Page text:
[Python-ideas] Looking for input to help with the pip situation

Stephan Houben stephanh42 at gmail.com
Mon Nov 13 15:28:56 EST 2017

Hi Chris,

+1 to all three of these proposals!


2017-11-13 19:57 GMT+01:00 Chris Barker <chris.barker at noaa.gov>:

> This has gotten to be a big thread, and it's a pretty intractable problem,
> but I think there are a few fairly small things that could be done to at
> least make it a bit easier:
> 1) Add python2.exe and python3.exe files to the Windows installers -- am I
> insane or did Windows used to have that? I really think it did -- maybe got
> removed when py.exe was added.
>   1a) alternatively, we could add a "py" executable to the standard linux
> builds, so there would be THAT one way to do it. But I think that's a "BAD
> IDEA" -- the whole "py" thing is not widely know or used, it's not going to
> show up in package install instructions for a LONG time, (actualy we could
> do both anyway)
> Then "python2 -m pip install" would work everywhere (only with new
> installations, but at least with newbies, that's a bit more likely ...)
> 2) Make adding to the PATH in Windows the default. I think there are
> really three user groups:
>    - newbies starting from scratch -- they want it on the PATH
>    - newbies with whatever left over cruft from previous installations on
> their systems -- they want it at the FRONT of their PATH. They SHOULD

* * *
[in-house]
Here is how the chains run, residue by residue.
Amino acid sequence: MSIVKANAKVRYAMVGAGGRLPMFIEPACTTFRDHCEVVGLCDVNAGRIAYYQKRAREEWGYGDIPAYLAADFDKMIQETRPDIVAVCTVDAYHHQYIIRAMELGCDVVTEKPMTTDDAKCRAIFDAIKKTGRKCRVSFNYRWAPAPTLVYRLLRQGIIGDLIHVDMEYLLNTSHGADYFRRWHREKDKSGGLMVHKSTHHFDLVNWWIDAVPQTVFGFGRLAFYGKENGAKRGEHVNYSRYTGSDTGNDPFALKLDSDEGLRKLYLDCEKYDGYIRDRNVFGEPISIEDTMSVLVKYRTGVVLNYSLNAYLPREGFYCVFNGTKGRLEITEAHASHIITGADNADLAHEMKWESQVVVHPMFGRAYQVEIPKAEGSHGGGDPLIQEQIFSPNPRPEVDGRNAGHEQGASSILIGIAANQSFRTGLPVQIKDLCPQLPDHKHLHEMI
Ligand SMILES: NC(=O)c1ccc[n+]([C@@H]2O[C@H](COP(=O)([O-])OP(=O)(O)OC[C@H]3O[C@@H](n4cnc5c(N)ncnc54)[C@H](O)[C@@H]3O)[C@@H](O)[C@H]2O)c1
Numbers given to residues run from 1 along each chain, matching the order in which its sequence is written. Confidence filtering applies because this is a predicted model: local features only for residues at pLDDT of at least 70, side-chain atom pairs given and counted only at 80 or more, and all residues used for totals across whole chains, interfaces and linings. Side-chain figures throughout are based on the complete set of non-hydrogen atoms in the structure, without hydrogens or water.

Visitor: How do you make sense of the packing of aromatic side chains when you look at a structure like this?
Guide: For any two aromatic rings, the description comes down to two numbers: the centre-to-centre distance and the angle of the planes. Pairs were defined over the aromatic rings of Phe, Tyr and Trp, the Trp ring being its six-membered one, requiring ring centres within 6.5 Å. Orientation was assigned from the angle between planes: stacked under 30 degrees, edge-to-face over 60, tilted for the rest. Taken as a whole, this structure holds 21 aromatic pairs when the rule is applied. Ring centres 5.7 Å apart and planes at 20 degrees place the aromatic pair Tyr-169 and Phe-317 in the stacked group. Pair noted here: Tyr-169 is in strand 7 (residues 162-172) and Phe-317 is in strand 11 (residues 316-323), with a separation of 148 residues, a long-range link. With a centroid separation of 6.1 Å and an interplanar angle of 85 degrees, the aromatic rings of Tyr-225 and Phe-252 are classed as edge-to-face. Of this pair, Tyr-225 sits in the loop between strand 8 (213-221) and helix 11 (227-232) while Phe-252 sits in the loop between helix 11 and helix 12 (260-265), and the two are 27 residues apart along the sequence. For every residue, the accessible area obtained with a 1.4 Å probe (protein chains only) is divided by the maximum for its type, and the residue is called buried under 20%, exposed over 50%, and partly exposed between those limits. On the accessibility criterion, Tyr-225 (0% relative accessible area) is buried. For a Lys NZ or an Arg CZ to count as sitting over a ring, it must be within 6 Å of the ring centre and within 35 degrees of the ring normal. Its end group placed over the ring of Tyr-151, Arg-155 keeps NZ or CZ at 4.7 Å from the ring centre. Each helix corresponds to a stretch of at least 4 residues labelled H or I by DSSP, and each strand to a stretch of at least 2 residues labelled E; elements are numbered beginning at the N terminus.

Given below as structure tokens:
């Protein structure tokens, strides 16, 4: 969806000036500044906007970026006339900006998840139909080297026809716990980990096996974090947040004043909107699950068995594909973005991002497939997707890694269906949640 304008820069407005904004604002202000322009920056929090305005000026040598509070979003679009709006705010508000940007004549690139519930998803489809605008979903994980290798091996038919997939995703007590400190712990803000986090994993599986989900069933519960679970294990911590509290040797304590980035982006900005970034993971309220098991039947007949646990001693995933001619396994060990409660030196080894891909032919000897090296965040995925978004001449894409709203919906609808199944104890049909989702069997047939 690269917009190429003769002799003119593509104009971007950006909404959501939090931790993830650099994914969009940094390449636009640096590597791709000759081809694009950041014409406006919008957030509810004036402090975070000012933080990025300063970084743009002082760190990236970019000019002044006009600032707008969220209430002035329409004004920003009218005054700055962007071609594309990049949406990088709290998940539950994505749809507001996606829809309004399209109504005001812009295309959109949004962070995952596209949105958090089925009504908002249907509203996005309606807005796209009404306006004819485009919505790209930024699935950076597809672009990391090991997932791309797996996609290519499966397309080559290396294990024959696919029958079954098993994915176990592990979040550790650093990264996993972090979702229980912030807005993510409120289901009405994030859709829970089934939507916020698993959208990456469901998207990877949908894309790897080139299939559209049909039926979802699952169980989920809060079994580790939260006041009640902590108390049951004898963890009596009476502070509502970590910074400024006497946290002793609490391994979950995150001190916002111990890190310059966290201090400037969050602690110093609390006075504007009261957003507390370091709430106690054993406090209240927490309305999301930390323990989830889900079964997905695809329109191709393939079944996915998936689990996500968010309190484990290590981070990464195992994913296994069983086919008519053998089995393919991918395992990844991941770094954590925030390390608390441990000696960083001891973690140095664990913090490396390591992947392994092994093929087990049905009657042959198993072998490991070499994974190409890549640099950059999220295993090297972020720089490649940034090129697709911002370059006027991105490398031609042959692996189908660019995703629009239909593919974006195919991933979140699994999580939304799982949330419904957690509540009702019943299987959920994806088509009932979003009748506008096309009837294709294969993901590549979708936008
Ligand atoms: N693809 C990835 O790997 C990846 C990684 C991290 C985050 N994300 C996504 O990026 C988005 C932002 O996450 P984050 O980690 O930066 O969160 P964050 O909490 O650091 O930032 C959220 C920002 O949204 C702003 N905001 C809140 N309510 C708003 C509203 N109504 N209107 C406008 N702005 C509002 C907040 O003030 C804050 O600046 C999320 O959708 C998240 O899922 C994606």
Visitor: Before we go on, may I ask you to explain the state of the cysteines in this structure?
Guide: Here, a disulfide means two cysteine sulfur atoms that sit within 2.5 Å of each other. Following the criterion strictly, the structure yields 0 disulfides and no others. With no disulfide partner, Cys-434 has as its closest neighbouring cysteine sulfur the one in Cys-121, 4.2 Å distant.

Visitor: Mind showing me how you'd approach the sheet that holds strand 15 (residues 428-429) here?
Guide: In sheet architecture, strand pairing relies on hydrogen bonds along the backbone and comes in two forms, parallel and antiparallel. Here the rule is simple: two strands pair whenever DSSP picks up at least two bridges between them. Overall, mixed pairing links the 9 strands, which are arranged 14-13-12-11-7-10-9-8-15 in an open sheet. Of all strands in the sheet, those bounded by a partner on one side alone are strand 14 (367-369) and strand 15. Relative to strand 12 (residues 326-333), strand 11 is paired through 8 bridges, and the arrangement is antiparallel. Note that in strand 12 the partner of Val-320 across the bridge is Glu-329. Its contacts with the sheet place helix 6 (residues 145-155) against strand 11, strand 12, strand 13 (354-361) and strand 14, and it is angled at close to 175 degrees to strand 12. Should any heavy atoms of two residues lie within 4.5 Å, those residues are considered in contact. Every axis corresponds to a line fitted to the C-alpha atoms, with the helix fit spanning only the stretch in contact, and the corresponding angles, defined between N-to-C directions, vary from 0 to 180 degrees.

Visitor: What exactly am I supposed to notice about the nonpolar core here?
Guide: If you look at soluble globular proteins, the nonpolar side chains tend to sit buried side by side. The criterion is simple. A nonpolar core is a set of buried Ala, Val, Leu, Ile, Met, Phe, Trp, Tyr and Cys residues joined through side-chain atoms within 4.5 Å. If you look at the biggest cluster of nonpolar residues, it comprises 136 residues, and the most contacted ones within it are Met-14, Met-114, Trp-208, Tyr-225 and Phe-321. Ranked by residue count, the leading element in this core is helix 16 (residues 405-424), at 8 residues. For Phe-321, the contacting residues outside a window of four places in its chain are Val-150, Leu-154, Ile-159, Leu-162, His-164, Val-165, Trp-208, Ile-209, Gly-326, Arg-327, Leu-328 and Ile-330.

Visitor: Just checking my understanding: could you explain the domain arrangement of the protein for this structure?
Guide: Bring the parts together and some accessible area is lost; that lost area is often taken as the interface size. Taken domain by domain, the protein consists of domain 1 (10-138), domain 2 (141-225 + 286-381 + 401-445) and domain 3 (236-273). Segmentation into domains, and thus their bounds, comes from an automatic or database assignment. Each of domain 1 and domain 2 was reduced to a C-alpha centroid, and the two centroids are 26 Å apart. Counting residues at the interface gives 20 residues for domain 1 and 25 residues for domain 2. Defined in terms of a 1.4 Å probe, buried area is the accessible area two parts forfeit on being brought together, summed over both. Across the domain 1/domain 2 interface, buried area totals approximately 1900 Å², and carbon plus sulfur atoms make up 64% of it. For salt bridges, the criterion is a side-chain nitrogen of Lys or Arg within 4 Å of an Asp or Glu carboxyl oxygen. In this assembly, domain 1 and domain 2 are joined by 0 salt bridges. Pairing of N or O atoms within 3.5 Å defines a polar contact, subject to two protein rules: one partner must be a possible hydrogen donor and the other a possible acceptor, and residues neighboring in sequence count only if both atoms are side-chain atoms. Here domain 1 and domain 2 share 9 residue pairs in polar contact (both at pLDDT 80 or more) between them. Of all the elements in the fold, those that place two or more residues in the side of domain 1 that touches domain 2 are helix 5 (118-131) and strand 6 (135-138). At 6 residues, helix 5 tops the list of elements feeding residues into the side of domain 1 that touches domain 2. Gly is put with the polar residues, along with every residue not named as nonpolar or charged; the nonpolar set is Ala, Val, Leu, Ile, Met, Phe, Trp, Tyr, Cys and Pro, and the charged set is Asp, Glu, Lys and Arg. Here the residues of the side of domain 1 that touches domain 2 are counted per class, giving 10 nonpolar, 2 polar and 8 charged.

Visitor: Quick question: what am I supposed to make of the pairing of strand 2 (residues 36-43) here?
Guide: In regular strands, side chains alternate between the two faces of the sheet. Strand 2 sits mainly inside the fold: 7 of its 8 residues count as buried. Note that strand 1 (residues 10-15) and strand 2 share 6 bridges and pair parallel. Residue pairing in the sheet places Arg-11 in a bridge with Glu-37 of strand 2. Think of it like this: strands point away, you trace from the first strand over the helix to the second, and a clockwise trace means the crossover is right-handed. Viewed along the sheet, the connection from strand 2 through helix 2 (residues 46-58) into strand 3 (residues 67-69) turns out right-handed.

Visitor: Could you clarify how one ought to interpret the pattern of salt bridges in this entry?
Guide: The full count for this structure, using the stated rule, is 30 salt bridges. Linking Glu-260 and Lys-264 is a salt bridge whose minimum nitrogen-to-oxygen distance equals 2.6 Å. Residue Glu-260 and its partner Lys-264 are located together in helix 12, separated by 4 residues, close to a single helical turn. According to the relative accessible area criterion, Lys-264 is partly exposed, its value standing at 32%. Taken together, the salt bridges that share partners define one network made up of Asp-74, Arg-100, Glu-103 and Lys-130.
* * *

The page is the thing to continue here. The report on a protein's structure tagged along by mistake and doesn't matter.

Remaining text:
> uninstall all the cruft, but if they don't this will still work with as few
> surprises a possible.
>    - not-newbies with a previous version of python they need to continue
> using. They can uncheck the box, or use py.exe
> 3) Make --user be be automatic for pip install. Not actually the default,
> but pip could do a user install if you don't have the permissions for a
> non-user install.
> This means folks might accidentally install in user mode because they
> forgot to type sudo -- but that would be a mostly-sysadmin/sophisticated
> user problem. And maybe have an environment variable of configuration key
> for  "prefer admin install". If tha was set, pip would only install in user
> mode if specifically asked to. I'm can't imagine a case where a user would
> have admin permissions, but want a user install (except people following
> bad practices!)
> Except for the pip change, these would be easy to implement and backward
> compatible. So why not?
> *NOTE:* even if nothing changes with any of this we need to get py.exe
> better documented and advertised -- it doesn't show up in:
> https://docs.python.org/3/faq/windows.html#id2
> for instance.
> In fact, I knew about py.exe (from this discussion), and was writing up
> notes about how to run a Python file (without access to a Windows box) ,
> and it took a LONG time to find ANY documentation of it (adding "py" to a
> google search about something python does not get far...).
> We can do that better, but frankly this may be a lesson on why we can't
> rely on anything "new" to help solve this problem, when maybe we could make
> the "old way" work better and more cross platform.
> -Chris
> --
> Christopher Barker, Ph.D.
> Oceanographer
> Emergency Response Division
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